Book #2 – The Ten-Cent Plague: The Great Comic-Book Scare and How It Changed America by David Hajdu
I feel lucky to have grown up in the environment I did, at least reading-material-wise. My mom, though dismissive of fantasy literature, never disallowed anything I wanted to read. Granted, I never brought home The Joy of Sex or anything particularly racy, but I read plenty of horror literature. This was probably due to my mom being a reader of science fiction and some horror. I grew up reading what was around me. I never read too many comic books, but the attitude of my mom was that any reading was good reading. I also attended a Lutheran grade school and I don’t remember any "banned" literature. In fact, I seem to remember copies of Mad magazine being available. I might be misremembering and was generally oblivious, but I never had the feeling that anything was off limits. Again, maybe there was just never any challenge to the system.
On the periphery of my knowledge, I knew there was past controversy over comic books. I had no idea that it put hundreds of artists out of work, that it substantially changed the content of comic books for many years, or that the controversy had absolutely no basis. I had never truly understood the meaning of *panic*. Sure, I encounter and roll my eyes at alarmist headlines all the time. I know there are groups that take exception to many things, whether there is basis for the attitude or not. But I have strong faith in the freedoms that the US is based on. I suppose it is because of those freedoms that panics can happen.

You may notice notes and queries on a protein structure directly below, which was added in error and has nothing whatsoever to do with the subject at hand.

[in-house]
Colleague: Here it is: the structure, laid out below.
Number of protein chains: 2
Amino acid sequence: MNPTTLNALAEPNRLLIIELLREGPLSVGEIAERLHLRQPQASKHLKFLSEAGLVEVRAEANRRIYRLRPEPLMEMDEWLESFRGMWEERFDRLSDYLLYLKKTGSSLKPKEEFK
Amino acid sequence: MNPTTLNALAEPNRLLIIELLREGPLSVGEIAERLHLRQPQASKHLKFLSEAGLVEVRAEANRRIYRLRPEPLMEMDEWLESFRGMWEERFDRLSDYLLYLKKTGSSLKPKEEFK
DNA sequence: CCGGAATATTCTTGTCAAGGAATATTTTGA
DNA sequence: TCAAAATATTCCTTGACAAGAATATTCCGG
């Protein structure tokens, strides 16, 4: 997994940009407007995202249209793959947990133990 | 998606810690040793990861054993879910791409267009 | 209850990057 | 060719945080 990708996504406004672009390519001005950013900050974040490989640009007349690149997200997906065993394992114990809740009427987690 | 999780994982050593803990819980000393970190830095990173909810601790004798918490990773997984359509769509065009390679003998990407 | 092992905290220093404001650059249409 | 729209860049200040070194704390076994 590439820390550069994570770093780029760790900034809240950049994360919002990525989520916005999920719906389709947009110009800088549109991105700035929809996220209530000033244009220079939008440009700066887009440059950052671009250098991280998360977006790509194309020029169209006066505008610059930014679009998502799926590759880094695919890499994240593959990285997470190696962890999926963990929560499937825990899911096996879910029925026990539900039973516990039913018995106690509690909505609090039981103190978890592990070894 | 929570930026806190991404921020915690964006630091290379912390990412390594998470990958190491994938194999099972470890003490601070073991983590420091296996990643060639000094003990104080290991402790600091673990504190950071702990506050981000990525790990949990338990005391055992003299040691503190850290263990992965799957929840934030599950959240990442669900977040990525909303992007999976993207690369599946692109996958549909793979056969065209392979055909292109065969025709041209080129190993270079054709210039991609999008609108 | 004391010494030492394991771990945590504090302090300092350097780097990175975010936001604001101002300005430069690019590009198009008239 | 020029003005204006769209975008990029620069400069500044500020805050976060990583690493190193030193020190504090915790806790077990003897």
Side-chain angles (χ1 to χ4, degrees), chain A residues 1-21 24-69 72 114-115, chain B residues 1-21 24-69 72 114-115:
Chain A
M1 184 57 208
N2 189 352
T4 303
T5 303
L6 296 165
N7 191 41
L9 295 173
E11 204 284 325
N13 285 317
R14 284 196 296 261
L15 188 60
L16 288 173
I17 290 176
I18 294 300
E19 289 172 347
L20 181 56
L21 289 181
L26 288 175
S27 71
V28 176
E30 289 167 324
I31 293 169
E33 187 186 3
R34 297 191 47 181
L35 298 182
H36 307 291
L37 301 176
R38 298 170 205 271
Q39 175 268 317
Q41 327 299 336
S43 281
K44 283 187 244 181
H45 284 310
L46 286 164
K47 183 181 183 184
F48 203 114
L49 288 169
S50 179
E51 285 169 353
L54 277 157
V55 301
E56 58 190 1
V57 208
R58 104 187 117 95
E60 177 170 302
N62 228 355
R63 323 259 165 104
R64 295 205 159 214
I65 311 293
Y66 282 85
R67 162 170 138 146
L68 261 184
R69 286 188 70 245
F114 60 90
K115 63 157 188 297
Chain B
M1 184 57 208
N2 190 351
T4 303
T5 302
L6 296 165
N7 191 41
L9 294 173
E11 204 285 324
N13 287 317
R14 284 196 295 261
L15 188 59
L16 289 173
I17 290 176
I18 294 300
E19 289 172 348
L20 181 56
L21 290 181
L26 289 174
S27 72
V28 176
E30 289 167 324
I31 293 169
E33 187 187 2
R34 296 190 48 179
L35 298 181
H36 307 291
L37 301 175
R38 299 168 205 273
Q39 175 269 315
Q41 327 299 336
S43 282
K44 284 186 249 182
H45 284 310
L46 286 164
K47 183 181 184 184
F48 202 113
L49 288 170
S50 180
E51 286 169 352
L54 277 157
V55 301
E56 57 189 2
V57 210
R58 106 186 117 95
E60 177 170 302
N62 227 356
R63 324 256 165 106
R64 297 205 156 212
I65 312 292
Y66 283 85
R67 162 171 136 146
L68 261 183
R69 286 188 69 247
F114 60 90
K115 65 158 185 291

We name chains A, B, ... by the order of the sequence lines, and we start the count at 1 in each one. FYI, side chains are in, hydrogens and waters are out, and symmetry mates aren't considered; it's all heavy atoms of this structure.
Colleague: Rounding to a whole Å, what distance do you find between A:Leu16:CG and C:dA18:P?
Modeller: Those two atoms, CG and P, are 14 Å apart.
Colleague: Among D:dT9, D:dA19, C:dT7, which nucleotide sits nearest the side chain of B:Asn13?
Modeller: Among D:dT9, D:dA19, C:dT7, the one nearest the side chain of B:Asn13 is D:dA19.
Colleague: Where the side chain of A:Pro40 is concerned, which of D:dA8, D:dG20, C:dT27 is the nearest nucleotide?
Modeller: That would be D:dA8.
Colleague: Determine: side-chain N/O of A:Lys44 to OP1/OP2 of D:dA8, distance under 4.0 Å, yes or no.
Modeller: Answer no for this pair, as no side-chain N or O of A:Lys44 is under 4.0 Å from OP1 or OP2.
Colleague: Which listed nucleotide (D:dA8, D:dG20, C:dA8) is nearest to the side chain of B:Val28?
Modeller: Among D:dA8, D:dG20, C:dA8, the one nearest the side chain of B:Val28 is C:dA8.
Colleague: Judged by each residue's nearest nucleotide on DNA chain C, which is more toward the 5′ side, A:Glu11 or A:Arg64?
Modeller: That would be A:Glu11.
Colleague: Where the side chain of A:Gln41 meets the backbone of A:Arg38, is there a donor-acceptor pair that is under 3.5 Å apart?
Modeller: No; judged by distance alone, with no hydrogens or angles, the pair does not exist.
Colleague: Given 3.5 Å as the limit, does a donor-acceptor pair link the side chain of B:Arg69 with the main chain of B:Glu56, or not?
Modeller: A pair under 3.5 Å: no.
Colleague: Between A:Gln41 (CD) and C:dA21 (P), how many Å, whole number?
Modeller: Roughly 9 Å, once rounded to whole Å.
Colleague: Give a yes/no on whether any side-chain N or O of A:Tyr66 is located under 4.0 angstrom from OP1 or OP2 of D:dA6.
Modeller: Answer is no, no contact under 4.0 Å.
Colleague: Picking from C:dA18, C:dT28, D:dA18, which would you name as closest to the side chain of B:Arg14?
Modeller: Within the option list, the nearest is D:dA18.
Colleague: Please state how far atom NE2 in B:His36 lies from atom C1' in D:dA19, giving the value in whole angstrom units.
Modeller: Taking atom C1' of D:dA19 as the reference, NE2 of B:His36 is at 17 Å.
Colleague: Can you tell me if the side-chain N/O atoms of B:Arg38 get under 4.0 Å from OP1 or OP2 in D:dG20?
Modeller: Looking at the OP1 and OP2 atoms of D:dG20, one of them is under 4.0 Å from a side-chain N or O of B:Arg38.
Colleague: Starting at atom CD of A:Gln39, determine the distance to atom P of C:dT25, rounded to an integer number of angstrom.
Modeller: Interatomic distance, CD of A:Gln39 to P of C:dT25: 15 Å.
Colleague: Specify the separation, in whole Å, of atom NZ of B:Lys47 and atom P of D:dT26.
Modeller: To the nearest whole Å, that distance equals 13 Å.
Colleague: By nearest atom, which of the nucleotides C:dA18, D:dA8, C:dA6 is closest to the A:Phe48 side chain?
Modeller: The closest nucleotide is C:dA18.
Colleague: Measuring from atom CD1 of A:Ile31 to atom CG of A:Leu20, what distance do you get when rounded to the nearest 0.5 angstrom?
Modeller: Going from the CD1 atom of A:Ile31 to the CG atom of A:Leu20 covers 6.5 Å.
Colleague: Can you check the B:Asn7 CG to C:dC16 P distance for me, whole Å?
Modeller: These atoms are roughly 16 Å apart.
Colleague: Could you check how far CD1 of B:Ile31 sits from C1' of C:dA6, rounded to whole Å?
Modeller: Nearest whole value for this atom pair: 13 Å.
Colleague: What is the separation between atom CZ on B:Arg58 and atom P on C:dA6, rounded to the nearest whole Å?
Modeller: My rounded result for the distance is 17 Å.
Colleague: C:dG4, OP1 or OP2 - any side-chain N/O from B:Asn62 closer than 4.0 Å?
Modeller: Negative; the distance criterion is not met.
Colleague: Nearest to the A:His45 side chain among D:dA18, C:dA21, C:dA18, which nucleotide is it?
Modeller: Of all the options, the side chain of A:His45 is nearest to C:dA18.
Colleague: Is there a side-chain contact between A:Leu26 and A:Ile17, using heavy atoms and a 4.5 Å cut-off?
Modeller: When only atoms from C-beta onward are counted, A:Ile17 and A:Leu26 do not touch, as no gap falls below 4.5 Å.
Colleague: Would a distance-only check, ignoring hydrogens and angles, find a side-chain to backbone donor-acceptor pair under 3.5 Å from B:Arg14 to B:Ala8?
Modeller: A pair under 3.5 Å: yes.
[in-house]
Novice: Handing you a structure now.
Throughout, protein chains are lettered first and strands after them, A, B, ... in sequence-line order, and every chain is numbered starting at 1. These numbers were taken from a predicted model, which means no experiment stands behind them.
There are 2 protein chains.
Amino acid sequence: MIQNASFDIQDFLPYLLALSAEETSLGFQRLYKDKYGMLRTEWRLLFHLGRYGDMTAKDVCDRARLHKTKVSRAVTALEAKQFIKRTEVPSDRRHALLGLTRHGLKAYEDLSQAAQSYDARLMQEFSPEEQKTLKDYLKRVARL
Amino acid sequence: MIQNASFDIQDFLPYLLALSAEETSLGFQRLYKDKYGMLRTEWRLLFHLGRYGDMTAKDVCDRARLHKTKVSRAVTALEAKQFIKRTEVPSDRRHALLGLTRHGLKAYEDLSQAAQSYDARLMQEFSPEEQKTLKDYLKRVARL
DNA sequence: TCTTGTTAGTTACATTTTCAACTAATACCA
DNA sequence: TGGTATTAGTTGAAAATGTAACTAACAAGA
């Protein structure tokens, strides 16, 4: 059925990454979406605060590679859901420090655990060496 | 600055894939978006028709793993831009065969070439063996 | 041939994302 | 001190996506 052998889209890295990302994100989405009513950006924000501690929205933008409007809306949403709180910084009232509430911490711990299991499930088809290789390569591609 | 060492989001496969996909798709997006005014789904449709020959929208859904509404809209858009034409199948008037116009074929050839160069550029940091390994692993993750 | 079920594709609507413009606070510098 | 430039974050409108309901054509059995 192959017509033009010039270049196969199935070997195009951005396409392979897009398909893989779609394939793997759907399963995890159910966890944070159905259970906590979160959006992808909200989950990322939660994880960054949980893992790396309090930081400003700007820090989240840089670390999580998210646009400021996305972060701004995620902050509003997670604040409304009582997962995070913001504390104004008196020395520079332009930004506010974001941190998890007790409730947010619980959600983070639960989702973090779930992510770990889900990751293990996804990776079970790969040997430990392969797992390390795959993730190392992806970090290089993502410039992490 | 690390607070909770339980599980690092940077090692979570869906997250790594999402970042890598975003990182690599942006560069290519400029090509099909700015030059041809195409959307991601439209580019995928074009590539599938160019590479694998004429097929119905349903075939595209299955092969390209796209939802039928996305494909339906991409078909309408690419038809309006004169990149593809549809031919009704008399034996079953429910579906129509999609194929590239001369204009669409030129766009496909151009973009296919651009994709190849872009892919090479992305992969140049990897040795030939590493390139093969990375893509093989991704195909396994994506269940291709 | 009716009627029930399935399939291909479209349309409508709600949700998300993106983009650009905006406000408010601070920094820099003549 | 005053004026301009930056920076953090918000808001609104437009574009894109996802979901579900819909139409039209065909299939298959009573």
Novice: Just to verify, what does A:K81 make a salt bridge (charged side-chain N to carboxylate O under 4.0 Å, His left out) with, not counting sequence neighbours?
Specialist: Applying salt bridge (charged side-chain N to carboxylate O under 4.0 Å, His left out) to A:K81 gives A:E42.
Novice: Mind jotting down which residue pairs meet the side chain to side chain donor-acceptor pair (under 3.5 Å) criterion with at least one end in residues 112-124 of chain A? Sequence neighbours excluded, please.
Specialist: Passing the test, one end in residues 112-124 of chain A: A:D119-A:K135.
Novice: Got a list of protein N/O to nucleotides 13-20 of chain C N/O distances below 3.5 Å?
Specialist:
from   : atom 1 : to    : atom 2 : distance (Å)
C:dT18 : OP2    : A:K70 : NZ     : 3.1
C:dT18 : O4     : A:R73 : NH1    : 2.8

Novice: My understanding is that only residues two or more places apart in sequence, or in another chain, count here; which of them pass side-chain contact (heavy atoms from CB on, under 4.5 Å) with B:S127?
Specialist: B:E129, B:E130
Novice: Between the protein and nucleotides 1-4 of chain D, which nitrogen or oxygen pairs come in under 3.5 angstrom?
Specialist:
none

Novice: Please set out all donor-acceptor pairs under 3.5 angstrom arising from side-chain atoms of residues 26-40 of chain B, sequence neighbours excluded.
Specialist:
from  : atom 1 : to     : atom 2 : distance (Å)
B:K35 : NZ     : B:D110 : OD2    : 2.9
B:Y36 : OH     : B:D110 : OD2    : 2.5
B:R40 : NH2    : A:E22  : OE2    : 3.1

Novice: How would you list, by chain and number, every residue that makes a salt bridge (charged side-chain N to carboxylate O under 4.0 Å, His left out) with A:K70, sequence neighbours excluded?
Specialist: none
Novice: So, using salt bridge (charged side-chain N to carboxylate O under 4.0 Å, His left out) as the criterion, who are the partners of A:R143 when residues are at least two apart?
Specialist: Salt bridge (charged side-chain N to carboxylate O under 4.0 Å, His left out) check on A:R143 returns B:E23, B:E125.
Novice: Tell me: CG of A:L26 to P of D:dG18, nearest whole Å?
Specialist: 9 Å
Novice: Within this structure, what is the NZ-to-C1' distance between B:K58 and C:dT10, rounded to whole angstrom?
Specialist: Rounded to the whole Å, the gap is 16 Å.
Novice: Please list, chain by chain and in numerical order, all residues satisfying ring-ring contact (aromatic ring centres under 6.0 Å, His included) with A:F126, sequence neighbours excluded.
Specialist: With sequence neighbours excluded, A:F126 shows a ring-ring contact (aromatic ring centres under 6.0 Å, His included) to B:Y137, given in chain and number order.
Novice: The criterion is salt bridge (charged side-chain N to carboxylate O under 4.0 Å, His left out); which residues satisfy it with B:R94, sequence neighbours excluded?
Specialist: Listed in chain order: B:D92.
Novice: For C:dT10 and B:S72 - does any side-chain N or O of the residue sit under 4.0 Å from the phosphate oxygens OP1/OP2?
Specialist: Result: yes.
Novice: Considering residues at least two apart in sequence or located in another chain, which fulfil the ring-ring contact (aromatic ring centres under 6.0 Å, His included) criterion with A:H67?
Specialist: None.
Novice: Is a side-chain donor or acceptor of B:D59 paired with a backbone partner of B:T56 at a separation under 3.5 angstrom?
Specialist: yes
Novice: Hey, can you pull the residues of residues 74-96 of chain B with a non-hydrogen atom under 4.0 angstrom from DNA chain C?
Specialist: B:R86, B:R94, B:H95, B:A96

David Hajdu provides a firm history of comics from the turn of the 20th century onward, placing the certain types of comic within their historical context. Comics are very much a product of what is going on socially and culturally. Until the late 40s and early 50s, there was the usual amount of objection to comics, but when juvenile delinquency started to rise in the late 40s, comic books took the blame despite no scientific evidence that comics caused delinquent youngsters. At the same time, comics had swung around to horror and hardcore crime. It was easy pickings for their attackers.
The one thing I would have like from the book is more emphasis on the second half of its sub-title: "How It Changed America." It certainly changed comic books, for a while at least. (Hajdu leaves off in the 50s. Via WikiPedia, it would seem that the Comics Code has, thankfully, eroded over time.) Instead, considering the book’s Epilogue, it would seem that the better subtitle would have been "How Changing America Changed Comic-Books." It would be nice if Hajdu had distilled down the lessons that might be applicable to current controversies like video game violence (speaking of influencing the young) or vaccines and autism (speaking of panics with no scientific basis). Maybe it’s the up to the reader to work that out for themselves.
As for other questions about reading this book:
Since I’m not a great fan of comics, why did I choose this book? I saw it, I think, on someone’s weRead to-be-read list, and it looked interesting.
Did I learn anything craft-wise? Hard to learn much from non-fiction. This history includes many names being thrown around and it’s interesting that I didn’t care about keeping track of them after a while. I suppose that says something about how much one should worry about a cast of thousands.
The Plan is going well. Next up: Tim Pratt’s Hart & Boot & Other Stories.